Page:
Nearly 16 years ago, I was a first-year grad student at the University of Texas at Austin and my Air Force ROTC class ended early when news broke that two airliners had crashed into the World Trade Center. We watched in horror as death and panic engulfed New York. And it was bewildering that the Pentagon could be attacked at all.

America's long wars

Fast forward to today and Afghanistan and Iraq are America's longest wars. Generations of taxpayers will be on the hook for trillions of dollars in war spending — numbers too massive to comprehend. Coalition families have also paid dearly.

To date, over 4,500 U.S. soldiers have sacrificed their lives in Iraq and more than 2,400 in Afghanistan, with tens of thousands more wounded physically and/or mentally — my brother being one of them.

While two-thirds of Americans are worried about fighting another war, the mission to defeat terrorists is not over. Radical Islam and pariah nations continue to threaten American and global security. Thus it's crucial for the United States and her allies to continue the fight against jihadist thugs who torture and kill innocent people on behalf of a twisted cause. Moreover, we cannot allow cynics, academics or the media to lull us into complacency, or to shame patriots who rightfully want to protect our homeland.

Moral relativism is a nice theory from the Ivory Tower, but it will never protect us from the pop of an AK-47 machine gun or rocket-propelled grenade.

As Abraham Lincoln said, "It is rather for us to be here dedicated to the great task remaining before us -- that from these honored dead we take increased devotion to that cause for which they gave the last full measure of devotion -- that we here highly resolve that these dead shall not have died in vain …"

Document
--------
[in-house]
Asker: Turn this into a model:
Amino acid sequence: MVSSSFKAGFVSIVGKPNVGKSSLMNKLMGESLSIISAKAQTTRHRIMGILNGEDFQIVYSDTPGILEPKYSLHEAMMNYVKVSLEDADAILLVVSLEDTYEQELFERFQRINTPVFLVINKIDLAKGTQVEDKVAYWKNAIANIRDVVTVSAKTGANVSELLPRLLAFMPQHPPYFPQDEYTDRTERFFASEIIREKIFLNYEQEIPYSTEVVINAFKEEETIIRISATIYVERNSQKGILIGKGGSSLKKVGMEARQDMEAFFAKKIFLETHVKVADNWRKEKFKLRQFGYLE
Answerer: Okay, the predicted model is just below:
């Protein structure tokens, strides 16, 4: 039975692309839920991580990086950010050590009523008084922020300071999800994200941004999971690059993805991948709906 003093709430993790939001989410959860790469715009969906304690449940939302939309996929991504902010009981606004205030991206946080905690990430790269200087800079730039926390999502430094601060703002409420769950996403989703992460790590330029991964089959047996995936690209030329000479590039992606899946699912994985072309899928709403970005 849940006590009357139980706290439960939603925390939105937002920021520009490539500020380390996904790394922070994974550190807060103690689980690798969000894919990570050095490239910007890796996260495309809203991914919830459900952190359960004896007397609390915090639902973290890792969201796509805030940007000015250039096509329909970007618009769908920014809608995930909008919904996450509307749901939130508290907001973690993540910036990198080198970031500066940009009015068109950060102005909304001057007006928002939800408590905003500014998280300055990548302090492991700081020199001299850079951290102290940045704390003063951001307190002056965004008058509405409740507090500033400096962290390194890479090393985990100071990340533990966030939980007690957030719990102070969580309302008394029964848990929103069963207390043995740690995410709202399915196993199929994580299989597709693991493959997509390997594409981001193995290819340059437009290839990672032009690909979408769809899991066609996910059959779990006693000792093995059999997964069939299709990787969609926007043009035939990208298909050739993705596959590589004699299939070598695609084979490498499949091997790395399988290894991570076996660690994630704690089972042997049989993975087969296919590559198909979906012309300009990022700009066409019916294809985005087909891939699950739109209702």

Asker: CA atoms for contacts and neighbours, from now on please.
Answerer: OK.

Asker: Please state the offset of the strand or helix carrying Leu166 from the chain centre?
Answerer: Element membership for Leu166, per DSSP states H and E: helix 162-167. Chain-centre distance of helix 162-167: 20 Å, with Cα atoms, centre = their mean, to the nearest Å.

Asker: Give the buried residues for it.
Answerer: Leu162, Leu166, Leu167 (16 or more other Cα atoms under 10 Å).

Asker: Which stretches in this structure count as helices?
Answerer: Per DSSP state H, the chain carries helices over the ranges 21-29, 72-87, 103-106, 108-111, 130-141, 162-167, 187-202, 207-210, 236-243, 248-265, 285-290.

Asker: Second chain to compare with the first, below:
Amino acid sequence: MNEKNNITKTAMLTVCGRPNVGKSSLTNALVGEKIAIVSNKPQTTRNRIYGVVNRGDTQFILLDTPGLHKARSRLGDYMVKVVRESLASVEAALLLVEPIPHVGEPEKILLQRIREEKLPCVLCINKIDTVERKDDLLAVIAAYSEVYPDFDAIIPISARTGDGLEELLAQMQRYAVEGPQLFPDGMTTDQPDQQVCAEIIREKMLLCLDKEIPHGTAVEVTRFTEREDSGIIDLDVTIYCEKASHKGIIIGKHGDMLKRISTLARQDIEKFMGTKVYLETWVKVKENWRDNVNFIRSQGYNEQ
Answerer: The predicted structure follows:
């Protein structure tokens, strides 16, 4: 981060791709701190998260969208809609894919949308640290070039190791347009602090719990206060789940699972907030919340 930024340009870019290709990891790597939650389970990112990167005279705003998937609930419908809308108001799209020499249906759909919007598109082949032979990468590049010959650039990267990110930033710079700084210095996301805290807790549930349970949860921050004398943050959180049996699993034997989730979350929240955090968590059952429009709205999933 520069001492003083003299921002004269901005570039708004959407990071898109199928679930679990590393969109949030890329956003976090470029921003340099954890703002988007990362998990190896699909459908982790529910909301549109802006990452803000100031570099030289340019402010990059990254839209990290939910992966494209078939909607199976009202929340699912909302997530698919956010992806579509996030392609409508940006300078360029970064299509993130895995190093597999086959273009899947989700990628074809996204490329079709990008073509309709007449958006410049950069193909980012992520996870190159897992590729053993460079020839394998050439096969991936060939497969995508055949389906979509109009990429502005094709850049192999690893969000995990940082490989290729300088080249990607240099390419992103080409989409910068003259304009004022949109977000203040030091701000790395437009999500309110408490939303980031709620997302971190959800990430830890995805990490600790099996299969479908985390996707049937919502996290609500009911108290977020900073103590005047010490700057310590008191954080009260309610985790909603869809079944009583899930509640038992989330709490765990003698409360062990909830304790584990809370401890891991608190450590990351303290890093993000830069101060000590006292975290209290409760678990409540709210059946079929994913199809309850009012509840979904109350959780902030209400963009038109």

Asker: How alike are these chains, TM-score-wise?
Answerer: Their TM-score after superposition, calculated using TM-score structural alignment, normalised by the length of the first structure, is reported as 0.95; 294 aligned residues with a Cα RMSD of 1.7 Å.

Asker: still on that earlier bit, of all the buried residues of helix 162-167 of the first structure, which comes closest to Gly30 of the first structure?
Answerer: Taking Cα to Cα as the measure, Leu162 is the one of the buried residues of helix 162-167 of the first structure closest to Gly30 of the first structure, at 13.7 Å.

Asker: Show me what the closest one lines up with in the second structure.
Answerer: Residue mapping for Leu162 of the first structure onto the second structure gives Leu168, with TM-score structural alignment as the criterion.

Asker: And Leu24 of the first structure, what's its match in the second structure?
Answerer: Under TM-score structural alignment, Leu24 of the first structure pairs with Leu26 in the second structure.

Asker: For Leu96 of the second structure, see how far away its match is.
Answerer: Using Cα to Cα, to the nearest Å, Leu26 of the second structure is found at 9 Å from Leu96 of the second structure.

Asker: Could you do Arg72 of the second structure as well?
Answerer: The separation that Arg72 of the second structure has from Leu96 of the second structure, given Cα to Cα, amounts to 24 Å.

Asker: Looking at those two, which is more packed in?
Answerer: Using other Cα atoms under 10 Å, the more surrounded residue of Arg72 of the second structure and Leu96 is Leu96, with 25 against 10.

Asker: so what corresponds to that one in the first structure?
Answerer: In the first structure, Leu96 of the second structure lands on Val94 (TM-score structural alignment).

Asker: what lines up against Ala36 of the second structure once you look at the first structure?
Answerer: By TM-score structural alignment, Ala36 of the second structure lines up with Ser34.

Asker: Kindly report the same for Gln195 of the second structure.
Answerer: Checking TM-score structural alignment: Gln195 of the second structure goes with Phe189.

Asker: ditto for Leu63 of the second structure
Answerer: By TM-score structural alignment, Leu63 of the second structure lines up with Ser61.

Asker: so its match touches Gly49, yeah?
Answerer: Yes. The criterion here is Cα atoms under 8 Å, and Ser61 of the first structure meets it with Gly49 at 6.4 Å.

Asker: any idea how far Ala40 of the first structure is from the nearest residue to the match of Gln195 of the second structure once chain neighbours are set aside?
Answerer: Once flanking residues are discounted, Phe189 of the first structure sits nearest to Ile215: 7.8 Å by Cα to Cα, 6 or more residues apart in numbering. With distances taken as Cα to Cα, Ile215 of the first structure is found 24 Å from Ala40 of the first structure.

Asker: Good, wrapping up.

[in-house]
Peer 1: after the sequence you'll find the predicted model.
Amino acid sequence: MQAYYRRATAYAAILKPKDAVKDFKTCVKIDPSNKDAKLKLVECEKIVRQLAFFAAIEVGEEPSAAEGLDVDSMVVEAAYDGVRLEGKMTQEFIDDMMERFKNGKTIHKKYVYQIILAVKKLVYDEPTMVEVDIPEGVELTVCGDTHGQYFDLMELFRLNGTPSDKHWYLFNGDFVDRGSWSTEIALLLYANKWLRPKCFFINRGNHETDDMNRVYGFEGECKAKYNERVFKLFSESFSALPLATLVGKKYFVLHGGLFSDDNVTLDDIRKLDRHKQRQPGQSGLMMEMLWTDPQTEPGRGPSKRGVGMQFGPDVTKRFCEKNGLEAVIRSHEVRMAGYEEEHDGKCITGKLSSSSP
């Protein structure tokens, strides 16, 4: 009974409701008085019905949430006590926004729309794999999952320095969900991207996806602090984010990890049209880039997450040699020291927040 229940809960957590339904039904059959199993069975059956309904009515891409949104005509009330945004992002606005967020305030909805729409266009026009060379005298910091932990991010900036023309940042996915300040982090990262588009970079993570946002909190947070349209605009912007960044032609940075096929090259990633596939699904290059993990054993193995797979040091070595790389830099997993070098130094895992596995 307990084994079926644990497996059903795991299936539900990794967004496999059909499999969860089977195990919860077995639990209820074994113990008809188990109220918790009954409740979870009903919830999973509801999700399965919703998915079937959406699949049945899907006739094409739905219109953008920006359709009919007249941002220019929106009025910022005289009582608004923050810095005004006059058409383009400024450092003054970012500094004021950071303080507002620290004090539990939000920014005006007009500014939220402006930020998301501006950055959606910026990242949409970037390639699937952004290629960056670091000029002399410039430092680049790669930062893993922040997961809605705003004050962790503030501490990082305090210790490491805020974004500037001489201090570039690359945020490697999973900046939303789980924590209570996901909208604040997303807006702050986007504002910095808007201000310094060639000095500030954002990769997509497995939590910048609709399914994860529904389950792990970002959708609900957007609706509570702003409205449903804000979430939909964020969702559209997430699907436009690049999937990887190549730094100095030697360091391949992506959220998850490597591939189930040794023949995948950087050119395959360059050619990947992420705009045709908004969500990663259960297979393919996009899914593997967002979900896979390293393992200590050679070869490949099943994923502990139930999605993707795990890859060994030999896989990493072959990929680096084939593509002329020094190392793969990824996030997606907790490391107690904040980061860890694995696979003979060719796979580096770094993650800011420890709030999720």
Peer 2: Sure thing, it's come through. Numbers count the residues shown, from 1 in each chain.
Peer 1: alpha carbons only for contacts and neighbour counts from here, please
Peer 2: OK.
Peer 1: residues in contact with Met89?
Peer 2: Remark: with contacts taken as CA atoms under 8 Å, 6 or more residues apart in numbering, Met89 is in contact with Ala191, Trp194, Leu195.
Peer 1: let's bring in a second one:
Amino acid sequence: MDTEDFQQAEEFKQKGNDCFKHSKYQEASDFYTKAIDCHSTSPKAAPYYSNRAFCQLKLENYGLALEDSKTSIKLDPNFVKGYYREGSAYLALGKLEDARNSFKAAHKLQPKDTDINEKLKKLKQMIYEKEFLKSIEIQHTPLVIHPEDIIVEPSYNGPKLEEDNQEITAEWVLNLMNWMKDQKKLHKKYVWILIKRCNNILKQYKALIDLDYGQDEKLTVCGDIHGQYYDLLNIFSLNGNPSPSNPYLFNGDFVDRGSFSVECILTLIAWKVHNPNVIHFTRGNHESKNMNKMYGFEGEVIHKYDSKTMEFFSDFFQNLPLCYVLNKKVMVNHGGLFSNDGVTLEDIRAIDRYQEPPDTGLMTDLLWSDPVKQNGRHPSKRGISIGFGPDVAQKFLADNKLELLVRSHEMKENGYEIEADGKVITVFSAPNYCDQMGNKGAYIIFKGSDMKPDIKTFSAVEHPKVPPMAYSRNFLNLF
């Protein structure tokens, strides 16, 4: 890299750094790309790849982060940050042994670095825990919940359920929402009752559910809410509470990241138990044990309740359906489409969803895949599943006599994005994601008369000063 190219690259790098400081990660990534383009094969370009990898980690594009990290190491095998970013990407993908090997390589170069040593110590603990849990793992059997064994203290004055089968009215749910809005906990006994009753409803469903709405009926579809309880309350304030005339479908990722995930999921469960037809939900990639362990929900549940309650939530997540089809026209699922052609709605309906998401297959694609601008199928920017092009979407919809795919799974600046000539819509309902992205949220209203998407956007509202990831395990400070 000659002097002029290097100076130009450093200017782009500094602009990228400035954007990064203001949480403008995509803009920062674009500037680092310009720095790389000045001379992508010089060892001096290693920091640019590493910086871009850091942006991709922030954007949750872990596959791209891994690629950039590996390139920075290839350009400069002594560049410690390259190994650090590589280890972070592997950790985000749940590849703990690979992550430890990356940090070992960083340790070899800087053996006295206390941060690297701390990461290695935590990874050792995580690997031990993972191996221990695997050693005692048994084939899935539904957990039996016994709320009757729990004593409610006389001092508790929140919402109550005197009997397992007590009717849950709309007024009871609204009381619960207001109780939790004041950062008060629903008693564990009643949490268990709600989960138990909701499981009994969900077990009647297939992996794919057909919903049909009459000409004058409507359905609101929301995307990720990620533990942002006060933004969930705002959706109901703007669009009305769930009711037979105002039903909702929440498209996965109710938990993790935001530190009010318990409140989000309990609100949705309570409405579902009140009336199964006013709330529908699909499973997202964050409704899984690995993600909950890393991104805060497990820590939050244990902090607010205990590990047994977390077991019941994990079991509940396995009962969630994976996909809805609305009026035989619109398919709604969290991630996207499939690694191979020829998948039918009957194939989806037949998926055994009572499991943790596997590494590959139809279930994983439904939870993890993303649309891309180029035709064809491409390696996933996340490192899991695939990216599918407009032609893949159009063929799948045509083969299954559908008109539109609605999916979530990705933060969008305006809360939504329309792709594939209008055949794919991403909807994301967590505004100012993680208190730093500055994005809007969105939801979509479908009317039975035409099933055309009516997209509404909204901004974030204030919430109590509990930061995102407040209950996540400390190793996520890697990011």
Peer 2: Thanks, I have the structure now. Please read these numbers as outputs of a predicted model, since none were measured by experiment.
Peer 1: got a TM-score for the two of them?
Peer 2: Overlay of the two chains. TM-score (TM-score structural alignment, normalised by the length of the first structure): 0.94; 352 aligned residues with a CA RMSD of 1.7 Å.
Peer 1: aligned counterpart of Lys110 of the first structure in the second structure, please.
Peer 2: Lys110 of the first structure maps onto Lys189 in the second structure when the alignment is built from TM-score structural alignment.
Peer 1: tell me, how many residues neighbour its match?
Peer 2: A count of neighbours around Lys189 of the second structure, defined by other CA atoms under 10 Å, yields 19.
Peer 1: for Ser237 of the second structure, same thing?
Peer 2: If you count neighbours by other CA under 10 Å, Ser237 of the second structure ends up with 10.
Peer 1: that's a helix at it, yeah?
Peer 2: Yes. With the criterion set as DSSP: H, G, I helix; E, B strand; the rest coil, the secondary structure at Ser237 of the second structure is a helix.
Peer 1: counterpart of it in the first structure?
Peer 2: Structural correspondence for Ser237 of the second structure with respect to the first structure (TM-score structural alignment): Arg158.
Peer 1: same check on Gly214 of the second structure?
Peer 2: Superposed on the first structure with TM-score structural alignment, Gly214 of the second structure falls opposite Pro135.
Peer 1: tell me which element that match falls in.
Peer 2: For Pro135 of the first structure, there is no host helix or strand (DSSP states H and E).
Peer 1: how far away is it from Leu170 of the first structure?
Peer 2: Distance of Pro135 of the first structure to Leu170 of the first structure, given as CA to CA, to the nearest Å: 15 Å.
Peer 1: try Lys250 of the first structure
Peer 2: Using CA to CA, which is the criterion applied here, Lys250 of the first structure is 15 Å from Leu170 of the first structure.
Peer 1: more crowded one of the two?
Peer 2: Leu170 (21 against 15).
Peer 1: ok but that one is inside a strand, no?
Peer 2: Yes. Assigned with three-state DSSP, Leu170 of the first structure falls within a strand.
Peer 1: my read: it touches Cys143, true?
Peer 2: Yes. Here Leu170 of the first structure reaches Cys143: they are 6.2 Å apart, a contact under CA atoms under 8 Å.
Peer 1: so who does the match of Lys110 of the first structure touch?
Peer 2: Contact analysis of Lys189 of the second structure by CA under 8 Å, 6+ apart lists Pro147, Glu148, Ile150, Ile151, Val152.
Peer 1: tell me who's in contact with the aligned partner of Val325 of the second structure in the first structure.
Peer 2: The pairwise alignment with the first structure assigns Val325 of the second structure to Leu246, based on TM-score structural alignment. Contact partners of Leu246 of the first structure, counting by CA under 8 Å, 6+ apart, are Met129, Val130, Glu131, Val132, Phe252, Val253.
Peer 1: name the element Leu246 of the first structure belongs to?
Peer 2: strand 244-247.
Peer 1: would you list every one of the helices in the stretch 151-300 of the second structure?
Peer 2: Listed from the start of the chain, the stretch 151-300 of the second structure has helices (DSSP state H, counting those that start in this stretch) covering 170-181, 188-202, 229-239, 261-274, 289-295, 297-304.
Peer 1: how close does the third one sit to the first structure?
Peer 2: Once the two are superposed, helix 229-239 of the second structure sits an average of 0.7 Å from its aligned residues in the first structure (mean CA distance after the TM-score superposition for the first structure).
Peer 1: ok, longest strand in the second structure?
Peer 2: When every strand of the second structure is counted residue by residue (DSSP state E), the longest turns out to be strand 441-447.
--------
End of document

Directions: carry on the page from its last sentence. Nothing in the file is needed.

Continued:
America's responsibilities in a small world

Yes, we have economic problems at home, but we cannot abandon the mantle of leadership in a world that continues to be attacked by Islamic extremists and state actors like Iran, North Korea, and even China (in the Spratly Islands, Himalayas and other disputed territories) and Russia (in Ukraine and Crimea).

Jihadists recruit people in the name of religion. But the Quran actually forbids the killing of innocents and discourages the imposition of Islam to non-believers. The Quran prohibits the torture of prisoners and mistreatment of fellow Muslims. Yet it's telling that Muslims are seven times more likely than non-Muslims to be victims of terrorism.

It's clear that ISIS, Al Qaeda, the Taliban and Iran's mullahs are more interested in grabbing power and intimidating their neighbors than advancing what the prophet Mohammad intended as a peaceful religion.

Deterring our adversaries

Here are some of America's responsibilities abroad. First, we need to keep the Korean peninsula in check. If Kim Jong-Un develops miniaturized nukes and ICBMs, not only can he threaten the U.S. mainland but Iran will most assuredly purchase these weapons from North Korea, which desperately needs the cash. Think of the consequences. Kim's ICBMs can reach the Pacific West Coast in under 30 minutes and hit New York or D.C. in 40 minutes. To those who accuse conservatives of being warmongers, let that sink in.